How are you planning on positioning portfolios going forward?

Taxable Portfolios – With corporate spreads at historically tight levels and the yield curve more vulnerable to gyrations from stronger growth and inflation numbers, positioning portfolios to manage downside risks will continue to be a key strategic priority. For portfolio duration, we expect the Fed to remain on hold at least into 2023, with investors biased toward pulling the rate hikes forward given troublesomely high inflation data. We continue to expect yields in the one- to five-year portion of the curve to rise and steepen by year-end, but will look to opportunistically extend duration when interest rate risk becomes more balanced. Short duration strategies inside six months will remain yield-starved with repo and T-bills trading inside five bps and commercial paper inside 15 bps. While credit spreads are tilted toward being on the tight side, valuations are reasonable given the favorable corporate credit environment of strong economic growth, continued central bank liquidity support and solid company fundamentals. Corporate and agency securities with exceedingly tight credit spreads continue to be viewed as sources of cash to be redeployed into higher-yielding or higher-quality options. Primary markets remain the best way to secure bonds in size and at more attractive levels given the scarcity and richness of secondary market opportunities. The underlying loan performance of our asset-backed securities pools has been impressive and we will continue to maximize exposure where allowed in portfolios.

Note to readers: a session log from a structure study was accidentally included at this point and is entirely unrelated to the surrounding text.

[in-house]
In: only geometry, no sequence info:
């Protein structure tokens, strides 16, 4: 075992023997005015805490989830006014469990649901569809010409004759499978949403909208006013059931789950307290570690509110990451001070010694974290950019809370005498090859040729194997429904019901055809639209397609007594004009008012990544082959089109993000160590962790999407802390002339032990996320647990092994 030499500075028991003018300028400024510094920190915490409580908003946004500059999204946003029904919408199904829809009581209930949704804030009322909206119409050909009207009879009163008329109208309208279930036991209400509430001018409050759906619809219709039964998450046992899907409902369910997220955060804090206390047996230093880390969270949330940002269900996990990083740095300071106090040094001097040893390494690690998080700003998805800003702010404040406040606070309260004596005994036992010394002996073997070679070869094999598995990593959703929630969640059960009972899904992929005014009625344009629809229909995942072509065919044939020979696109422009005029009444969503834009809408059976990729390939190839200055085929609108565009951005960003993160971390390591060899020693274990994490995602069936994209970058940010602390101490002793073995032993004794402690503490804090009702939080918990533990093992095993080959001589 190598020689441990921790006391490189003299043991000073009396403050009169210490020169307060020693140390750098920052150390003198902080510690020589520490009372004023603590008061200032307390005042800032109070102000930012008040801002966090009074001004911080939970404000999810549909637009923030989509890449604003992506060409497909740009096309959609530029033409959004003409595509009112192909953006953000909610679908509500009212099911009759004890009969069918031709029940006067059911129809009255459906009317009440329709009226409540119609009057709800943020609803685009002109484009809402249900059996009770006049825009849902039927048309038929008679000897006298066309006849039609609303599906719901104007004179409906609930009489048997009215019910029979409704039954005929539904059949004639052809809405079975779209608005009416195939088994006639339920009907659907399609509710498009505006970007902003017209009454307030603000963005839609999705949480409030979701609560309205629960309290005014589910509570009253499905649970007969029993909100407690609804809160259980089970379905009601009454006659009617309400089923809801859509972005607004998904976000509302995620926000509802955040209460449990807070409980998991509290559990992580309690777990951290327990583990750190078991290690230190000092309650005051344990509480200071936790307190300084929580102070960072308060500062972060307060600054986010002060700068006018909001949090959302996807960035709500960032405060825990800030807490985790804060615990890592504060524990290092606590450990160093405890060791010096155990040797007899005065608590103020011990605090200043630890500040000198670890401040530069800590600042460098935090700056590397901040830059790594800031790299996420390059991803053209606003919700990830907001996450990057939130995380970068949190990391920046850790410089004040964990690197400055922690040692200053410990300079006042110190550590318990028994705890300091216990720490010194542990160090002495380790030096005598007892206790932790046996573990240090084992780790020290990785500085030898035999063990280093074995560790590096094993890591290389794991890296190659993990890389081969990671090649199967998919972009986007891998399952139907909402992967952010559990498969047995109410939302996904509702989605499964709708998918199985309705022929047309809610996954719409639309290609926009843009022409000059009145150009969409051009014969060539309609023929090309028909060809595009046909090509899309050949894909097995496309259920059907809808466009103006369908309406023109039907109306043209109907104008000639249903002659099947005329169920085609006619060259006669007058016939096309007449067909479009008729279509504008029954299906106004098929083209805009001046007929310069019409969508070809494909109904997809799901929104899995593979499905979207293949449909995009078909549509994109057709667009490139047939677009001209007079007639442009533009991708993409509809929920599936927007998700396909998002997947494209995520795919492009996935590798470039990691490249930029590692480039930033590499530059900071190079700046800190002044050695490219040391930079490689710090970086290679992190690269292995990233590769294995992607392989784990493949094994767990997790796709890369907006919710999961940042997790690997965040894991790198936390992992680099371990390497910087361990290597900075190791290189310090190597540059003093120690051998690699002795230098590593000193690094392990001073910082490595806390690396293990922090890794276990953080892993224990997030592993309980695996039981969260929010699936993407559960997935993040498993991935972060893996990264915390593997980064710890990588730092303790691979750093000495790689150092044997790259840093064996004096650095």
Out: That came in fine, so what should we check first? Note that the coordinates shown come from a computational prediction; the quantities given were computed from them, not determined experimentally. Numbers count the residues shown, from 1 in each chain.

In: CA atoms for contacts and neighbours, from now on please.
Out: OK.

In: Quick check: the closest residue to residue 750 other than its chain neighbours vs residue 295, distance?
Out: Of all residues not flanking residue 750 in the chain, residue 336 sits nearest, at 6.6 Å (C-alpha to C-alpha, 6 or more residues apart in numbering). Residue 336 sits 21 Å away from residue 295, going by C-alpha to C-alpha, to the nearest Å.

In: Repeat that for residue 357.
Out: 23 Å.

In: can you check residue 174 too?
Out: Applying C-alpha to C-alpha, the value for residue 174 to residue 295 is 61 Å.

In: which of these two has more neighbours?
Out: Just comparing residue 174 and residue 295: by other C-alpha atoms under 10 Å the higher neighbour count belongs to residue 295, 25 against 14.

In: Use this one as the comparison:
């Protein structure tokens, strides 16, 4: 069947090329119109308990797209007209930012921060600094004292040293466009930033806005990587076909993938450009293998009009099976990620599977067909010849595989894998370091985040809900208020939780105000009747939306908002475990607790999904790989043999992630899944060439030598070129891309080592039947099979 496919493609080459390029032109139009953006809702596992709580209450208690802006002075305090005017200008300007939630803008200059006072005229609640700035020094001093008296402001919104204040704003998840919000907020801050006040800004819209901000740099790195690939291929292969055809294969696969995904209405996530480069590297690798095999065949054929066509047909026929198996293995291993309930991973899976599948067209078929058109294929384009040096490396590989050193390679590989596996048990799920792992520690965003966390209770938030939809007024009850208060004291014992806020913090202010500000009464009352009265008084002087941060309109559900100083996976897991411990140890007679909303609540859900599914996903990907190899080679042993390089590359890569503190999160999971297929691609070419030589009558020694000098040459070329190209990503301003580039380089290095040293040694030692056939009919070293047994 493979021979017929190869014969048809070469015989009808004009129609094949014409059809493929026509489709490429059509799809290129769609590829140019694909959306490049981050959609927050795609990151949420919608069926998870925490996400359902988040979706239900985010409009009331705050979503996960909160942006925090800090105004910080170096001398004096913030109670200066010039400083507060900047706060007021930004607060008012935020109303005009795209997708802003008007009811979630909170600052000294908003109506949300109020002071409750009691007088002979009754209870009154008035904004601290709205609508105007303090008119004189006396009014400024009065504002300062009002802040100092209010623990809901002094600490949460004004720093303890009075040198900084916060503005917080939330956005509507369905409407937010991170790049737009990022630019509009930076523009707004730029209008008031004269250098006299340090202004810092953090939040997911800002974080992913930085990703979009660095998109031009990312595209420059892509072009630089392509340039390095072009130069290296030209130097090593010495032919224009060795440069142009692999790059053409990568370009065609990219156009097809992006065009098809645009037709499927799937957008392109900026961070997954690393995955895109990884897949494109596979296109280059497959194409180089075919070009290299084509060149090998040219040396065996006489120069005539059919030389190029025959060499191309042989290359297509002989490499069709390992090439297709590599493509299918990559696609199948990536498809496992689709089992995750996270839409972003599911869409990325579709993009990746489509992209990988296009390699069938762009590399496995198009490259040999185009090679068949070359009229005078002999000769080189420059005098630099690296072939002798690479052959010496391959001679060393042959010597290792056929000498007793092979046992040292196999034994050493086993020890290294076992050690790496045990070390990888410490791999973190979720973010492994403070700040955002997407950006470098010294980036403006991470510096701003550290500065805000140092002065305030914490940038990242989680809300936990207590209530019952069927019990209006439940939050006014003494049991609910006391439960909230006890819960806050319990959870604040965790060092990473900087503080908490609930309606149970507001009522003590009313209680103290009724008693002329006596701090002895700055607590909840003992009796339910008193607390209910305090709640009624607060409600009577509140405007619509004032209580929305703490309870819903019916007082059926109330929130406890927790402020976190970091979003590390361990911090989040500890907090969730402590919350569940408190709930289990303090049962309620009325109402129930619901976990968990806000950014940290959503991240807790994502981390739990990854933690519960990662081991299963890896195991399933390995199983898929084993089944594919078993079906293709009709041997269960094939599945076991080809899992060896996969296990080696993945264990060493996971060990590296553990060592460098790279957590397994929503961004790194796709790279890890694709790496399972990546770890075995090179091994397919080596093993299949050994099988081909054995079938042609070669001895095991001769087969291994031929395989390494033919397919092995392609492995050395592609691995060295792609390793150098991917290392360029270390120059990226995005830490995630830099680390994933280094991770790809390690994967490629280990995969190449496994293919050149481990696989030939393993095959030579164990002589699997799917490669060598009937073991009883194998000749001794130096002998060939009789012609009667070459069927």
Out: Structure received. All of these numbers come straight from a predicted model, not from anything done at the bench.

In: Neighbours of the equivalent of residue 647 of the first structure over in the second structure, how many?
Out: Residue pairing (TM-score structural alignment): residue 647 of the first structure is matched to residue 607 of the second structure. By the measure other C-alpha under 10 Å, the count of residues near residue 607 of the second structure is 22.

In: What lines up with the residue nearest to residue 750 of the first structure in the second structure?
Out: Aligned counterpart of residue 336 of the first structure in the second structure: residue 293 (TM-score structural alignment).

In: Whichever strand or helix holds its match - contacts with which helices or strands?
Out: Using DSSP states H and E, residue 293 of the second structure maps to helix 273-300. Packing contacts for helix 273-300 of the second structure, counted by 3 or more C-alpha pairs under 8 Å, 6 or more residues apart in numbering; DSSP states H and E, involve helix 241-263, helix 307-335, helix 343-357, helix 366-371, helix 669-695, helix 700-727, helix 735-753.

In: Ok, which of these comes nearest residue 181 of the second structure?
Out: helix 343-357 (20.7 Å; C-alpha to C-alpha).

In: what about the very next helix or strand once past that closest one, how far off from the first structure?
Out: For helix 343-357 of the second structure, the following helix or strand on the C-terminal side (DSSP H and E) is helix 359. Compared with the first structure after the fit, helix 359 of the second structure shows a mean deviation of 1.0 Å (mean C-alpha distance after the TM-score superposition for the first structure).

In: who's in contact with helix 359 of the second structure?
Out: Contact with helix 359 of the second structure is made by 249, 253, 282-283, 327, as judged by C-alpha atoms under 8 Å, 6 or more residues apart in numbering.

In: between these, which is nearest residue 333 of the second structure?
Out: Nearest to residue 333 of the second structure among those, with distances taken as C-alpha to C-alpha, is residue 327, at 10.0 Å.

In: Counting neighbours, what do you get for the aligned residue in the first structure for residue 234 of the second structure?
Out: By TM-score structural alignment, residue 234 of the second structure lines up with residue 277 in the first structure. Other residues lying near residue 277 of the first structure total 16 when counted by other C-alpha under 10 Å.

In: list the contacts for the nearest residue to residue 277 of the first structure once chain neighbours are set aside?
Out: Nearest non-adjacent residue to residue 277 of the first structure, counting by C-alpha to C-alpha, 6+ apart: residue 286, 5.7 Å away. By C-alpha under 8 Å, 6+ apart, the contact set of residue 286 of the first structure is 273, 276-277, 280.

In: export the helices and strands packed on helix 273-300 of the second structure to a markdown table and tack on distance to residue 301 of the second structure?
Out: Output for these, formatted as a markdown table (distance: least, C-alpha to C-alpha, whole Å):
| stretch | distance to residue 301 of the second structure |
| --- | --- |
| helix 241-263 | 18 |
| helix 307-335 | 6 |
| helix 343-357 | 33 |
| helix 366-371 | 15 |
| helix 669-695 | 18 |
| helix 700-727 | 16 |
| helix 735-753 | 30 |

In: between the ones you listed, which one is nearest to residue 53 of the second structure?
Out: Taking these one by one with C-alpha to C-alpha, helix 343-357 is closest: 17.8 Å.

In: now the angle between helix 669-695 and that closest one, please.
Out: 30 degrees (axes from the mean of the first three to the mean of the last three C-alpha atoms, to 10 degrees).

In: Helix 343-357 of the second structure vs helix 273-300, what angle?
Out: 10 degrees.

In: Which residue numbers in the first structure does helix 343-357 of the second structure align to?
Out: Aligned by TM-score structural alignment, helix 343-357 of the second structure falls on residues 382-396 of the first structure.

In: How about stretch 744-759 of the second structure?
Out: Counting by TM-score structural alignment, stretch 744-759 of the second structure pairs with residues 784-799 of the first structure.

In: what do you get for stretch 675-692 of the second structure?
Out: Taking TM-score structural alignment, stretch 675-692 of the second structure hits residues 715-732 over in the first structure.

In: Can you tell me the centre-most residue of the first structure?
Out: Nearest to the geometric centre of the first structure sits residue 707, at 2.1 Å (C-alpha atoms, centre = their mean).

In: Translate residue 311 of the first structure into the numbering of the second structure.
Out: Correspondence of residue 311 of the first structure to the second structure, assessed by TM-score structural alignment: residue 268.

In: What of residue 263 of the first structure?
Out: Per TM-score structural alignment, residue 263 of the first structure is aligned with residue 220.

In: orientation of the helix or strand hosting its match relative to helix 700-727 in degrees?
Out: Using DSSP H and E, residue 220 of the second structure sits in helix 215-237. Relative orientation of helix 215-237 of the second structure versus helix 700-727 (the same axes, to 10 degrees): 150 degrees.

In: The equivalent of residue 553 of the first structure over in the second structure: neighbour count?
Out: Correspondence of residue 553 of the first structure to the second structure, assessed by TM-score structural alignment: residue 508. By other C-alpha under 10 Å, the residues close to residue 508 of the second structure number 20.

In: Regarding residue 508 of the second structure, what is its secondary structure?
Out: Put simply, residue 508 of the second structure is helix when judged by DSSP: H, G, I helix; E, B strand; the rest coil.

Tax Exempt and Tax-Efficient Portfolios – Positioning for tax-efficient mandates will echo the strategy outlined in the taxable section above. We continue to be only limited participants in the municipal market. This is a function of the current relative valuation of municipal securities vs. corporates and account objectives to maximize after-tax income. A sense of the strength of the municipal market is reflected in a three-year, tax-exempt security trading at a yield that is a mere 44% of the comparable treasury investment. The prospect for higher corporate tax rates may eventually tilt allocations at some point, but this is not a near-term expectation. A surge in supply is a necessary ingredient for more attractive valuations. While municipalities were active issuers in June, bringing nearly $50 billion to market, the short-end issuance is a completely different tale. Cash management needs are slim to none and note issuance has declined around 25% year-over-year. The State of Colorado has already announced it will not be issuing any notes for its General Fund this year vs. the $600 million issued in 2020. We expect other big note issuers will be in similar positions.